Kavanaugh Wrote Decision in Favor of Abortion Pill

But narrow ruling on legal standing doesn't mean the fight over mifepristone is over
By John Johnson,  Newser Staff
Posted Jun 13, 2024 1:10 PM CDT
Kavanaugh Wrote Decision in Favor of Abortion Pill
Boxes of the drug mifepristone sit on a shelf at the West Alabama Women's Center in Tuscaloosa, Alabama, in this file photo.   (AP Photo/Allen G. Breed, File)

Advocates of abortion rights won a significant Supreme Court victory on Thursday in a unanimous ruling that means a widely used abortion pill will remain accessible. But the decision was a narrow one—on legal standing, not on the merits of the argument—and it leaves the door open for states to keep the case over mifepristone alive. Coverage:

  • Unanimous: Brett Kavanaugh wrote the unanimous ruling that rejected a legal challenge to the drug brought by doctors and other medical professionals, reports NBC News. But these doctors don't prescribe the pill themselves, the ruling notes. The "plaintiffs want FDA to make mifepristone more difficult for other doctors to prescribe and for pregnant women to obtain," Kavanaugh wrote, per the Washington Post. But under the Constitution, a group's "desire to make a drug less available for others does not establish standing to sue."

  • Three states: Kansas, Idaho, and Missouri, all led by Republicans, might be able to quickly revive the case against the abortion pill, reports the New York Times. All joined the case as plaintiffs at the lower-court level. "They didn't get to the merits," said Erin Hawley, a lawyer for Alliance Defending Freedom, which represented the plaintiffs, referring to Thursday's decision. "Those merits will hopefully be at issue later on as the states may move forward."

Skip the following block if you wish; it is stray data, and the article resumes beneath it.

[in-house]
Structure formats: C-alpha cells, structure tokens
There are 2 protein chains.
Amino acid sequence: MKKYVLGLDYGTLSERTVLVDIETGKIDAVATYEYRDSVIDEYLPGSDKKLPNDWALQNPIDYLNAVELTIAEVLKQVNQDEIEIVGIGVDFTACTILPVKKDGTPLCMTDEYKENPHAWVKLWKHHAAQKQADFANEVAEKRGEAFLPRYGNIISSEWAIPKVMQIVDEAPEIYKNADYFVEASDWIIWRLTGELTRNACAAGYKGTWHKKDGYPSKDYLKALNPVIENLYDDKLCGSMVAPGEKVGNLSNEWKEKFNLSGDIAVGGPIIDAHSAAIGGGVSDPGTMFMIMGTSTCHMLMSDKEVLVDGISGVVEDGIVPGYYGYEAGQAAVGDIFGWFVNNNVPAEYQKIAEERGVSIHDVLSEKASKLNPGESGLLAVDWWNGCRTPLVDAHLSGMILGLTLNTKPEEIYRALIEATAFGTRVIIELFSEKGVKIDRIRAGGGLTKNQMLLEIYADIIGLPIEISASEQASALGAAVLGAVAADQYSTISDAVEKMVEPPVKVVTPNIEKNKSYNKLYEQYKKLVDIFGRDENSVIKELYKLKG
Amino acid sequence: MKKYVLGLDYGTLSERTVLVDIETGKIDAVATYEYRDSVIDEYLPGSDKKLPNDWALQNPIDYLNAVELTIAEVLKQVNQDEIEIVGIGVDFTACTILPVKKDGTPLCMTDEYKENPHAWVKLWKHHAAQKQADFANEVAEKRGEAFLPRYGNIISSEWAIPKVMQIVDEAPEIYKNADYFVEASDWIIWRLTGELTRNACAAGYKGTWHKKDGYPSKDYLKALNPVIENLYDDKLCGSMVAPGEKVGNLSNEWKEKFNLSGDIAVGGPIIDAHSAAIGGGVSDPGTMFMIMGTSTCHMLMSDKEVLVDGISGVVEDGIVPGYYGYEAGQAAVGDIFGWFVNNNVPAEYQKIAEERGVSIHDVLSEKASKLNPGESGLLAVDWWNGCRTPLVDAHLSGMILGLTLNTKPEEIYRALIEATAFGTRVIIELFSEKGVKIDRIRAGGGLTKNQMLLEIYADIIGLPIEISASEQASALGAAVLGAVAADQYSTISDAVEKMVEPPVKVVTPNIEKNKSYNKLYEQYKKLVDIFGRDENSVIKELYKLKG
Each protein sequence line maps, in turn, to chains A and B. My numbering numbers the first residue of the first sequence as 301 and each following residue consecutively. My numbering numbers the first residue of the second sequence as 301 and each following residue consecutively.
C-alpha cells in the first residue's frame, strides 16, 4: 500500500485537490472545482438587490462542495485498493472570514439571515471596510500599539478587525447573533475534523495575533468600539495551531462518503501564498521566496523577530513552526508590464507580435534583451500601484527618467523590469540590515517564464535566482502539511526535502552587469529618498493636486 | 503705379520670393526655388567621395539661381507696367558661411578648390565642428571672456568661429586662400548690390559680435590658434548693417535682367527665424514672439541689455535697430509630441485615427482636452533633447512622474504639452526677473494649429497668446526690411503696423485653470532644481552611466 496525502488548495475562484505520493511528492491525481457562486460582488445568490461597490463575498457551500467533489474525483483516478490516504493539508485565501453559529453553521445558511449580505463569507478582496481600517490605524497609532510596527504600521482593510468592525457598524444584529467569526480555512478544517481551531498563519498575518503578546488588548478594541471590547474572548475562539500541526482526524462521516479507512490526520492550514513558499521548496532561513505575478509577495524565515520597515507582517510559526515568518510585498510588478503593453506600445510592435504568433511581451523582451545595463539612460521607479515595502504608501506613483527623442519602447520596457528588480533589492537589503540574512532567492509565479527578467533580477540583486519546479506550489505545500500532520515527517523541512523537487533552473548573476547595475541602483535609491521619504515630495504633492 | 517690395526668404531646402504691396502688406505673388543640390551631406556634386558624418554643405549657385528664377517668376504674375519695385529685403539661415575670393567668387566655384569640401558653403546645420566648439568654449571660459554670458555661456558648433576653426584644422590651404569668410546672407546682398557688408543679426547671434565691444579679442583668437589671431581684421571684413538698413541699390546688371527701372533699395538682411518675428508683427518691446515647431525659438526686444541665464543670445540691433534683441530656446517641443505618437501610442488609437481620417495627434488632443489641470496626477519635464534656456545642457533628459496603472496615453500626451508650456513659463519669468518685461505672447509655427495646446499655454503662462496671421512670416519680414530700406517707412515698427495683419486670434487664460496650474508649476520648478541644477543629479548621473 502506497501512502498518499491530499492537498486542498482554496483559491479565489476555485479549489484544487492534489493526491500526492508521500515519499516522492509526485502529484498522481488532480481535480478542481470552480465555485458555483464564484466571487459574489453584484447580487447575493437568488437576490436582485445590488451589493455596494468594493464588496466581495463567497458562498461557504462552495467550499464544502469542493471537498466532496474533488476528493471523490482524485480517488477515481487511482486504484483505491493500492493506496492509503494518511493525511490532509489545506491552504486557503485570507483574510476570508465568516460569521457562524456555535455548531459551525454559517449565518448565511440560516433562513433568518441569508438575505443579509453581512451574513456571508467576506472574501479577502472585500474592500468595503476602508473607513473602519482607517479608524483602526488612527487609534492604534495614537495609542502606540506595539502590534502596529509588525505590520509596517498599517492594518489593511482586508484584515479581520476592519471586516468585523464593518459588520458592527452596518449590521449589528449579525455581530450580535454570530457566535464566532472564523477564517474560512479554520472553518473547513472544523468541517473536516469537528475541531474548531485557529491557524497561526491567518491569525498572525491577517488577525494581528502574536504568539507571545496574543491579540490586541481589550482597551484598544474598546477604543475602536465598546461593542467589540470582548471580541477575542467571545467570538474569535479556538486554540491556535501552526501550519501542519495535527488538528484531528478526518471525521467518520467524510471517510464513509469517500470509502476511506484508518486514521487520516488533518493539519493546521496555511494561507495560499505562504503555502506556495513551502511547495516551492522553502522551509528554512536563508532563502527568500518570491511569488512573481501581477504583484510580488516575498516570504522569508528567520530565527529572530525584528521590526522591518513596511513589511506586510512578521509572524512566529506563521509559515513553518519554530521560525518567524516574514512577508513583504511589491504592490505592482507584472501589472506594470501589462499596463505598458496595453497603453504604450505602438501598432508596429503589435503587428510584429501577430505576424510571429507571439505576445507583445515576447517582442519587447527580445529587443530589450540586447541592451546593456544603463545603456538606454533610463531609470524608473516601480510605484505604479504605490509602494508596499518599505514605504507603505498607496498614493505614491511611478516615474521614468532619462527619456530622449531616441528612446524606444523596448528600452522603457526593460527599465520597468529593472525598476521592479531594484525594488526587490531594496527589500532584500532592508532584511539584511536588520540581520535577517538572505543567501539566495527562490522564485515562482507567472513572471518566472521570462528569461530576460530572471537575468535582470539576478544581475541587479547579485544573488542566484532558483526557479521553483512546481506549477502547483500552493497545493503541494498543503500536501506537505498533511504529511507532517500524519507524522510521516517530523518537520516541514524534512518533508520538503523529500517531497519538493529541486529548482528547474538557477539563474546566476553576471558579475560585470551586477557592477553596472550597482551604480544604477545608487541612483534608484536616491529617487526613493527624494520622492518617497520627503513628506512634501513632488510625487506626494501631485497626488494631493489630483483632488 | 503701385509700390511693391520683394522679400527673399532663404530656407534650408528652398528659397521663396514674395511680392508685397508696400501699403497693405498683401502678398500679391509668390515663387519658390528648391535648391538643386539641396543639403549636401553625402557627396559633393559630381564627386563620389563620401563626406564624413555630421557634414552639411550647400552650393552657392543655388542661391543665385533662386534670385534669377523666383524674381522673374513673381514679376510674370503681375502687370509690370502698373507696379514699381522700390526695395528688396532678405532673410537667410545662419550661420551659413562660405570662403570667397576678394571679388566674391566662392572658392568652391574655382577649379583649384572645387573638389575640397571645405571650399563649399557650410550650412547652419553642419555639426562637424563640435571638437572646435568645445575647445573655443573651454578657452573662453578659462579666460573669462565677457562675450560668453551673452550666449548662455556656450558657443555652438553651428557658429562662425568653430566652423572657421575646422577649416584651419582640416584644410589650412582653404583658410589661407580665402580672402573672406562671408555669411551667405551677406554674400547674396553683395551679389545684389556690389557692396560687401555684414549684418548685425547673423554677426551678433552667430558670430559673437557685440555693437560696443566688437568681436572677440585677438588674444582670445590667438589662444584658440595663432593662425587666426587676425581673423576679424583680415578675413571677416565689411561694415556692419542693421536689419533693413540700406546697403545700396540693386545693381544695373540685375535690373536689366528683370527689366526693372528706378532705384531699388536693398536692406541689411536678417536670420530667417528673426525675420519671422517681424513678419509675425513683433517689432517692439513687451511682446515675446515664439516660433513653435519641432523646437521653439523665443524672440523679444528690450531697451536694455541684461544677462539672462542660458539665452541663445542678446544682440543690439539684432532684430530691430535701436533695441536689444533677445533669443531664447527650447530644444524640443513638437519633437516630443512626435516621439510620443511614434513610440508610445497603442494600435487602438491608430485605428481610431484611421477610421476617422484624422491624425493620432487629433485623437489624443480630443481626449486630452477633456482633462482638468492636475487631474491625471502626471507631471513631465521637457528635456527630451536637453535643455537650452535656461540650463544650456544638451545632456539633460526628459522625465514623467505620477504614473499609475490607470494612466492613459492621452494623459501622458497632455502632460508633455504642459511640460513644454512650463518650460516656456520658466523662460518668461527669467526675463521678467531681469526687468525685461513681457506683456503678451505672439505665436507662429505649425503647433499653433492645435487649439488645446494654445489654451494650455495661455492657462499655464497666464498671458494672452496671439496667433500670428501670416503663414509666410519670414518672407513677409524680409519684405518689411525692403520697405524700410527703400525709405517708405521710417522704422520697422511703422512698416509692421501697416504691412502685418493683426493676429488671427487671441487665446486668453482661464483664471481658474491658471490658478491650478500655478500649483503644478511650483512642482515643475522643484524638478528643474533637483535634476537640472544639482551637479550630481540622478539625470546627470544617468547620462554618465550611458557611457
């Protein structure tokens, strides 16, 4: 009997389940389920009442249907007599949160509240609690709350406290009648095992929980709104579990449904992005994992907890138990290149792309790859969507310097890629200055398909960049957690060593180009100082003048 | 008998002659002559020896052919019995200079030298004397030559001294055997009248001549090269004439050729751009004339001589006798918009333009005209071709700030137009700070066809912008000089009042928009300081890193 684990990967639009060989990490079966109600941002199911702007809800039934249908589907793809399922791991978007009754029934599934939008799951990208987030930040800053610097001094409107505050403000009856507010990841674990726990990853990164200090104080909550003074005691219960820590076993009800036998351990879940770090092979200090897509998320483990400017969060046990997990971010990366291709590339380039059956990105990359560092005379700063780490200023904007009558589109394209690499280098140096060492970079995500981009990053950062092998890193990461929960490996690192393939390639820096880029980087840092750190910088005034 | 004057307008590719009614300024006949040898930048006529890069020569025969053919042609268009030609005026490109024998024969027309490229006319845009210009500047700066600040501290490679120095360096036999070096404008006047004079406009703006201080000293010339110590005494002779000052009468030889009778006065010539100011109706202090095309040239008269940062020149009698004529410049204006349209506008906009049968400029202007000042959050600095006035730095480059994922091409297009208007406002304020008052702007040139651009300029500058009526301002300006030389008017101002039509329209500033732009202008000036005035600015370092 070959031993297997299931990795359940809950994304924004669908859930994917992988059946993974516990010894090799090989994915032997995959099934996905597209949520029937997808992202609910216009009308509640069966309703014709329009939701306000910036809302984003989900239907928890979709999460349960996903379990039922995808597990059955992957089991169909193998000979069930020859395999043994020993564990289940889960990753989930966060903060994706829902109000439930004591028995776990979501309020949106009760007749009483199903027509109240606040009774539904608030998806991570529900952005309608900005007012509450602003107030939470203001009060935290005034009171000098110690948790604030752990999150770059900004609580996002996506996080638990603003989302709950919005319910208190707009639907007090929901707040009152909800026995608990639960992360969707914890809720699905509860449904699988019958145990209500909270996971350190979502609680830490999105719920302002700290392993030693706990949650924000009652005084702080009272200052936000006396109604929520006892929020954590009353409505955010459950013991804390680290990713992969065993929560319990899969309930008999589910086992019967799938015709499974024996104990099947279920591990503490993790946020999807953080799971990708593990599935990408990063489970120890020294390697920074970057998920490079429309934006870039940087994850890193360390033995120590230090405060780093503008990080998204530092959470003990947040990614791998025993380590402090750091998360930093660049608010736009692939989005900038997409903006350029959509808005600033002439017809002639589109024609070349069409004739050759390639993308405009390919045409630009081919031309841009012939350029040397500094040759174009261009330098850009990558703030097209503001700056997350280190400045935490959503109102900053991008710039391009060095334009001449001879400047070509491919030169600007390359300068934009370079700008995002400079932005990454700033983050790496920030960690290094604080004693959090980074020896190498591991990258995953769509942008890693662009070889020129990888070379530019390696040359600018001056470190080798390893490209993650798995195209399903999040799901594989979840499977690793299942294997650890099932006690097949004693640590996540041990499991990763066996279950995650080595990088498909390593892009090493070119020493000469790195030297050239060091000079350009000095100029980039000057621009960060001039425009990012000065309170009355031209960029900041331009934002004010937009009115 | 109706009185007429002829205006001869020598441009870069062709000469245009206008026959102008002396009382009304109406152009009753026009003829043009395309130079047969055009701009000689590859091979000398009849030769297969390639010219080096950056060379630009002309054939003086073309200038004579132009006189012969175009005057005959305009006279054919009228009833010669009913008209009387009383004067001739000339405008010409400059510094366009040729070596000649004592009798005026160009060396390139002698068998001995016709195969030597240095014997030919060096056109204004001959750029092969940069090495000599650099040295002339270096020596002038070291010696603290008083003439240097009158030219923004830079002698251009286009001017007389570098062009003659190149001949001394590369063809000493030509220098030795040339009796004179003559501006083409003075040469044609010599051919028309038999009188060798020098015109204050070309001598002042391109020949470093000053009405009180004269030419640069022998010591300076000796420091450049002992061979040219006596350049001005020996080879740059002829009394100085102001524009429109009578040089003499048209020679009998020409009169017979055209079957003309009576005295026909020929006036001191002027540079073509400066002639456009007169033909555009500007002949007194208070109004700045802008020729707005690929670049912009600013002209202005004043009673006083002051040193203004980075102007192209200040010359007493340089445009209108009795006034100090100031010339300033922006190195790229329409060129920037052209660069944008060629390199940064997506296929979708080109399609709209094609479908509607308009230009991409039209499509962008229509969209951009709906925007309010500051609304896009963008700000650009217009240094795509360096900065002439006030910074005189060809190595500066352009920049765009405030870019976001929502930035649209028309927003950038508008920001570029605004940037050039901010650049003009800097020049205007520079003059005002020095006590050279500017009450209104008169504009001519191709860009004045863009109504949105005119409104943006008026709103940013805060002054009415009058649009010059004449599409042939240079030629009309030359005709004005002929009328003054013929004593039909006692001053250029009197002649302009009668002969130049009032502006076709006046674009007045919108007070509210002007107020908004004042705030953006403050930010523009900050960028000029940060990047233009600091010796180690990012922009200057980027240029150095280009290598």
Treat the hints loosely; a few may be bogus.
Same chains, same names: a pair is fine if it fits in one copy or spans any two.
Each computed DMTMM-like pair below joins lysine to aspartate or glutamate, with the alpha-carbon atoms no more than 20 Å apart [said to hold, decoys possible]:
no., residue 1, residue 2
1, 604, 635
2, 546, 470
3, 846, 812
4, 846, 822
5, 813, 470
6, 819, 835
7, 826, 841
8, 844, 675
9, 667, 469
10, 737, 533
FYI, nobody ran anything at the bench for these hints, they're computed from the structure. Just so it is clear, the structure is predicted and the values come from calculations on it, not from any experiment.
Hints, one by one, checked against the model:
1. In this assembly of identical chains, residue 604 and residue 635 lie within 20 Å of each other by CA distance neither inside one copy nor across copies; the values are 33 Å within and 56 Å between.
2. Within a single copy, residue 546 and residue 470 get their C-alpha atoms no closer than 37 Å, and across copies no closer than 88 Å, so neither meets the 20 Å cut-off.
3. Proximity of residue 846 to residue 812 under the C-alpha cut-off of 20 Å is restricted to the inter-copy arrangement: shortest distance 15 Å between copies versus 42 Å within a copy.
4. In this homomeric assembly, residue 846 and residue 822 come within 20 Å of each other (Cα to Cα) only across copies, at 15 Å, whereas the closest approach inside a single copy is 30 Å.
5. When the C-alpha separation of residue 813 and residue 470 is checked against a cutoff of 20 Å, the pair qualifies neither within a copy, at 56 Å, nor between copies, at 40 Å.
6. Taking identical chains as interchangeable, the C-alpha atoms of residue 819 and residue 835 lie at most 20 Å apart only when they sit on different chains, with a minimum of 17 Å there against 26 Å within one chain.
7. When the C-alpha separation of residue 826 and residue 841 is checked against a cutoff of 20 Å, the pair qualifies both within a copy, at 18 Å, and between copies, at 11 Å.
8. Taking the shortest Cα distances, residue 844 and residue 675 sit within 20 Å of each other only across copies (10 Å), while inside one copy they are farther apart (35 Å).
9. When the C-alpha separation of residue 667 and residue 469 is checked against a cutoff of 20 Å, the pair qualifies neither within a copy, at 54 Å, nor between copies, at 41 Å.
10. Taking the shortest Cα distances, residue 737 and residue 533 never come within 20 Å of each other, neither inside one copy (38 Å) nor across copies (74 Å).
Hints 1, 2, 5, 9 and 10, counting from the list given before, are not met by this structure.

• The argument: The plaintiffs argue that the FDA acted recklessly in approving access to mifepristone, including by allowing women to receive it via telemedicine and mail. "It is essential that this case continue in order to ensure that the FDA operates within the law," said Kansas Attorney General Kris Kobach. The plaintiffs say the medication poses health risks, but opponents say the courts should not overrule federal scientists who determined otherwise.
  • The impact: The AP notes that mifepristone was used in two-thirds of abortions in the US last year. Advocates for abortion rights say it's especially important given that so many abortion clinics have been forced to close in recent years. The ruling "does not change the fact that the right for a woman to get the treatment she needs is imperiled if not impossible in many states," said President Biden on Thursday.
(Louisiana is reclassifying mifepristone as a controlled and dangerous drug.)

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